com, dec ) is hard. A trapdoor bit commitment scheme is equivocal if for any (com,

dec) = Tcom(tparam, b, r) with b ∈ {0, 1}, the distributions of (com, dec =

TOpen(tparam, com, dec, tdr, b )), b ∈ {0, 1}, and (com, dec) = Tcom(tparam,

b , r ) are indistinguishable. Here, r and r are random tapes. See [25,30] for more

details and possible schemes. The trapdoor bit commitment we use here is perfectly

hiding, binding, and equivocal.

De¬nition 5. (GKE protocol π) Let n denote the size of PID. If we need to distinguish

between the sizes of different sets PID, we write nPID instead. We index each party

in PID by i ∈ {1, . . . , n} in some order and let Πi denote the i-th party. For ≥ n,

we de¬ne Π := Π( mod n) . Let b denote 1 ’ b for b ∈ {0, 1}. Each party Πi has

its public/private key pair (PKi , SKi ) which can be used to sign messages. We assume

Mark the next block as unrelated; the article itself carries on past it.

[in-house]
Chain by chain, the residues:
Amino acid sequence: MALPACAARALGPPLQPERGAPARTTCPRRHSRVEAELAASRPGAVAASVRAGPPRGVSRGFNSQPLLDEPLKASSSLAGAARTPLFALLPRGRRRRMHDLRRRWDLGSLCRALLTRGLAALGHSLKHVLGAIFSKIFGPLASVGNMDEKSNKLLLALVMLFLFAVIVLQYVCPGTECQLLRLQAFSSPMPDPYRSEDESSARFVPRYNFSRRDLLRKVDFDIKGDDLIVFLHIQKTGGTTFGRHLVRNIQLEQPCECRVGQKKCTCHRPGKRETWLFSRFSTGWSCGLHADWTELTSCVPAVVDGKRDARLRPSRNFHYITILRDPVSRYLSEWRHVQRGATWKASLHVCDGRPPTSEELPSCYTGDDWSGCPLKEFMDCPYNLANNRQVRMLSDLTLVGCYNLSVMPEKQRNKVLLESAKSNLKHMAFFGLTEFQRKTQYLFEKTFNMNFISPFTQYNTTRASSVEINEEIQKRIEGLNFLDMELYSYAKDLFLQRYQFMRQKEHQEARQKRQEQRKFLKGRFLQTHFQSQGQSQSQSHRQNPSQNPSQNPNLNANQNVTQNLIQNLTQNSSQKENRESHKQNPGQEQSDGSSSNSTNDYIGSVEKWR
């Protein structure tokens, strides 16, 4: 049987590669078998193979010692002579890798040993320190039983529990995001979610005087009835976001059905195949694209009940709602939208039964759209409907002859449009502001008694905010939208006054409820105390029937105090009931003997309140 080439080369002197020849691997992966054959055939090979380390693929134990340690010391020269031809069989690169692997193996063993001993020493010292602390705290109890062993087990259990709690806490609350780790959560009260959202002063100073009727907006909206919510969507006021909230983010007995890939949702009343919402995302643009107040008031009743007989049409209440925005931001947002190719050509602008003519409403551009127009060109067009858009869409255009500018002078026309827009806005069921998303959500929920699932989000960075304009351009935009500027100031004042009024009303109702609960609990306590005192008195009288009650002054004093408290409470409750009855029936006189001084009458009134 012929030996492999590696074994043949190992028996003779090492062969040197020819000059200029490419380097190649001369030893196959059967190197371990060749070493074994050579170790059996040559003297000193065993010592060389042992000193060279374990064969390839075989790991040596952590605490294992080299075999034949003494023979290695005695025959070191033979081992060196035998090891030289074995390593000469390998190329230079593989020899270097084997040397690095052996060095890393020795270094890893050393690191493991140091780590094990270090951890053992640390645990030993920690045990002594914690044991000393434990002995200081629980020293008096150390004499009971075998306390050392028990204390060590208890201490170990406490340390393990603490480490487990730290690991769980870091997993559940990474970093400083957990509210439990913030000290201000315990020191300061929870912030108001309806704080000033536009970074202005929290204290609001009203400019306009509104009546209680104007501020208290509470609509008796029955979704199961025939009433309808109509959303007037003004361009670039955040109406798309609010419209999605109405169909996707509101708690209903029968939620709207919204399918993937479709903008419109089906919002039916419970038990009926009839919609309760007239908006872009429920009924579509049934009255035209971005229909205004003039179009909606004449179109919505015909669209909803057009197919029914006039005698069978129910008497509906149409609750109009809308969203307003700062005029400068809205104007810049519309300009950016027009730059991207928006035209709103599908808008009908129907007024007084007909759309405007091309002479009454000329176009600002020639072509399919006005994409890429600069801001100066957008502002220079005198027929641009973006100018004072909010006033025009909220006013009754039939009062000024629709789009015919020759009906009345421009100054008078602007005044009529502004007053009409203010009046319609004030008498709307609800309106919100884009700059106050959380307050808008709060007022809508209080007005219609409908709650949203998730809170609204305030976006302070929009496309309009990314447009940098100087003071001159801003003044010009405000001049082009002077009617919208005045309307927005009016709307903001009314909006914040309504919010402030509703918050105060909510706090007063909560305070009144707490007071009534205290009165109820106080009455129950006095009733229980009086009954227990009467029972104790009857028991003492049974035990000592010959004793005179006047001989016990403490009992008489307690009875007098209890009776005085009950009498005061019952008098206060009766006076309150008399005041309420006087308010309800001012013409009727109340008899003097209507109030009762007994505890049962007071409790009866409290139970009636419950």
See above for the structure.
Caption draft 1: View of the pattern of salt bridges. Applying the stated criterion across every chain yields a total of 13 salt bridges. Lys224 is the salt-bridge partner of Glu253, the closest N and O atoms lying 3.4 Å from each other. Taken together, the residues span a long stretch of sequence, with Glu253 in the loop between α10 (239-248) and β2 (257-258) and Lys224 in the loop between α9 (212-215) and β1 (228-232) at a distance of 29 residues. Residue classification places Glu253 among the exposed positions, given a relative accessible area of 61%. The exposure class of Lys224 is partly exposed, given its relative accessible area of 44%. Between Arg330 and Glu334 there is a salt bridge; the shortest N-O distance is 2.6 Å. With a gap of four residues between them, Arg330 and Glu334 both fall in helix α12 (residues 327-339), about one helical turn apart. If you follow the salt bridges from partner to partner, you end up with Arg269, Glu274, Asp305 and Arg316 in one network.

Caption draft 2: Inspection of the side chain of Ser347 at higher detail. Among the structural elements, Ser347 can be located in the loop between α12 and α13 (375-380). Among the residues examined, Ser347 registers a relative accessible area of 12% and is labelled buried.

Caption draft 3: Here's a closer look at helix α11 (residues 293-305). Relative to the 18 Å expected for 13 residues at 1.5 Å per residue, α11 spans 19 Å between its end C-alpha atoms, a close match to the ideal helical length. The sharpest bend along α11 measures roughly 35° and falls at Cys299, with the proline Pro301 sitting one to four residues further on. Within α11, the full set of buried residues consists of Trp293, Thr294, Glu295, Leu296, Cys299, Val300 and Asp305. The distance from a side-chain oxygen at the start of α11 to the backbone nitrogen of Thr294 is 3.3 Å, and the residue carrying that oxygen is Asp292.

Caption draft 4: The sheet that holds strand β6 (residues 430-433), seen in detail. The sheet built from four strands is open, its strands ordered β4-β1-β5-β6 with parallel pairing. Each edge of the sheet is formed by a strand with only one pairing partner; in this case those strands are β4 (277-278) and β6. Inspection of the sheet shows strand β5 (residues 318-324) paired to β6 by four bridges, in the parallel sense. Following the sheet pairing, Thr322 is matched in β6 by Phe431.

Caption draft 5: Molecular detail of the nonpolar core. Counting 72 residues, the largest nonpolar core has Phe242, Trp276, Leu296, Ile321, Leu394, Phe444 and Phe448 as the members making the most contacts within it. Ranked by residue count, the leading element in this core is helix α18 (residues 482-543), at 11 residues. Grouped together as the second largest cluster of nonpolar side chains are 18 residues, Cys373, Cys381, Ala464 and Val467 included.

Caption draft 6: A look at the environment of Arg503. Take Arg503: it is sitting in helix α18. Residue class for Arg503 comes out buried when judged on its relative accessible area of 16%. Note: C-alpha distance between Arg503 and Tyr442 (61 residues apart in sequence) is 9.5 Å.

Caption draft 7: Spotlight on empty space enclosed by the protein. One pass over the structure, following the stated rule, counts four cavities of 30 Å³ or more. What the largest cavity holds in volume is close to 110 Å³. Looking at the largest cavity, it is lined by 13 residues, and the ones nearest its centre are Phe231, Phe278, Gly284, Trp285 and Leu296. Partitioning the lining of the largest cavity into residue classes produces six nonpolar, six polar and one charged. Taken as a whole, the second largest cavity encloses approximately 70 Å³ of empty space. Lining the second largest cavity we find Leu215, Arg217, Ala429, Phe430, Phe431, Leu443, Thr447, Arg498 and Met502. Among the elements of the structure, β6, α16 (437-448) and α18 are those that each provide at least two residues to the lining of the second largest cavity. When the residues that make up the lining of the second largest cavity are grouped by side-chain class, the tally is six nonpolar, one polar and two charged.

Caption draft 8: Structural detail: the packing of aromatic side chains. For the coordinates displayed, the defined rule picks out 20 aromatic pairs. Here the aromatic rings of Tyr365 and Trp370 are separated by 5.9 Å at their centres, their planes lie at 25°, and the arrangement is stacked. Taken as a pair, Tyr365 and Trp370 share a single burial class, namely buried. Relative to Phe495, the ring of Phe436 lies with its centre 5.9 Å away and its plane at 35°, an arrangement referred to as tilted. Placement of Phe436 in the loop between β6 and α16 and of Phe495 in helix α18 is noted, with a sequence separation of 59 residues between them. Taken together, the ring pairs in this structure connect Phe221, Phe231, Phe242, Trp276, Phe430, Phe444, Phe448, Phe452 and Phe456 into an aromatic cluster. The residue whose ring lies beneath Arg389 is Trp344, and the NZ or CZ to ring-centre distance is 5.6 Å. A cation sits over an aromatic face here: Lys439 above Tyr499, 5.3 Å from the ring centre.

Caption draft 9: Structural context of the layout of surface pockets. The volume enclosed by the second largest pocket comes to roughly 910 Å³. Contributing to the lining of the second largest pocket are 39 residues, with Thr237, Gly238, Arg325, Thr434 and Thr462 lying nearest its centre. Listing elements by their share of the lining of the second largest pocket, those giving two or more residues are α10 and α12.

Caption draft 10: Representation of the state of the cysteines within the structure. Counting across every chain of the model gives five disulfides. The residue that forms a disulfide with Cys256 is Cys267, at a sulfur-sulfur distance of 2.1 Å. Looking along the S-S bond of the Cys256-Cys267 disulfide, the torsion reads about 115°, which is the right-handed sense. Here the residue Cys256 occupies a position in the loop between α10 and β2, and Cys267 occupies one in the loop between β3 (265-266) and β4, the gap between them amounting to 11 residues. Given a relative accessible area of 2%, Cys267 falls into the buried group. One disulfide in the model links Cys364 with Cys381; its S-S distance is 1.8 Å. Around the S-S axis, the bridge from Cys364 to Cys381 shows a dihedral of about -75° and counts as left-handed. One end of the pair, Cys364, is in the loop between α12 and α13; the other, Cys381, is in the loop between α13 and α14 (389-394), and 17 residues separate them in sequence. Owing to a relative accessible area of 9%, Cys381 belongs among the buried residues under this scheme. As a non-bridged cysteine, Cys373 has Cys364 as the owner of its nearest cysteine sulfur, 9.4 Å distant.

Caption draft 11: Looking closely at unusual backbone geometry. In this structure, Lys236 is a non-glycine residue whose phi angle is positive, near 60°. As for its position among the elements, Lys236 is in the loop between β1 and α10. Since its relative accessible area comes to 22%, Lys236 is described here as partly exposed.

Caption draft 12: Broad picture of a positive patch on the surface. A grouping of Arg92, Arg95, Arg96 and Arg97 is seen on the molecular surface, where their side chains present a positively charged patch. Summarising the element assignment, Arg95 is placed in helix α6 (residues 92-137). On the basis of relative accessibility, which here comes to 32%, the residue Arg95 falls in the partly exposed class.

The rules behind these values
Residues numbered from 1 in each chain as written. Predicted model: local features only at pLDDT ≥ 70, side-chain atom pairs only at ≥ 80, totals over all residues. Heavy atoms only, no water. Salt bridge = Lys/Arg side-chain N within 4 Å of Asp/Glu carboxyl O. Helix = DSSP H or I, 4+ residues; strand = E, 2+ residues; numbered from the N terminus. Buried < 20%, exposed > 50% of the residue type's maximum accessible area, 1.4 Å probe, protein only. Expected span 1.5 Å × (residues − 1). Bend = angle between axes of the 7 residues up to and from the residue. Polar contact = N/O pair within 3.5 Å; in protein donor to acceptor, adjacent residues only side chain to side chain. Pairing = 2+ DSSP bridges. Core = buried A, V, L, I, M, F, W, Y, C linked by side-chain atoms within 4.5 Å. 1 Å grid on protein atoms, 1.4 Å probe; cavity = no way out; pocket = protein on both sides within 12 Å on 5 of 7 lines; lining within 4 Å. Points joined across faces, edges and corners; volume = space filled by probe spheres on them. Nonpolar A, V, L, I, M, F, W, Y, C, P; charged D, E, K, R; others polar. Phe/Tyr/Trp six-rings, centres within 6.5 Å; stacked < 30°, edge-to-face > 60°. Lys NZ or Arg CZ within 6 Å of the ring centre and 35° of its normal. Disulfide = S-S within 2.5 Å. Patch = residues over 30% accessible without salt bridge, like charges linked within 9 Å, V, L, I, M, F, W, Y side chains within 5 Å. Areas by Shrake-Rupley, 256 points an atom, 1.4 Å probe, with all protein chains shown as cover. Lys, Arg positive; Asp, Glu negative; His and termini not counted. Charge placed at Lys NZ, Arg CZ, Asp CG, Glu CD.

the deployed digital signature scheme to be existentially unforgeable against chosen

message attacks. The public keys are known to all parties. The system parameters are a

bilinear pairing quadruple, a randomly chosen element v ∈ G, and parameters tparam

for a perfect hiding trapdoor commitment scheme. The trapdoor tdr that corresponds

to tparam is kept secret to everyone. The protocol is divided into two communication

rounds where each party can send one message to each party per round, and a key

generation step at the end. The protocol works as follows:

Round 1: When Πi receives a message (PID, (Π, piid), new-session), it generates a

new party instance (Πi , piidi ), randomly chooses bi ∈ {0, 1}, and generates

yi,bi := g ri with ri ∈R Z/pZ

ybi ∈R G, and

(comi , deci ) := TCom(tparam, bi ).

We abbreviate Yi := (yi,0 , yi,1 ). Remark that yi,0 and yi,1 play the role of the

two messages we mentioned in the solution approach for problem 1 in the previous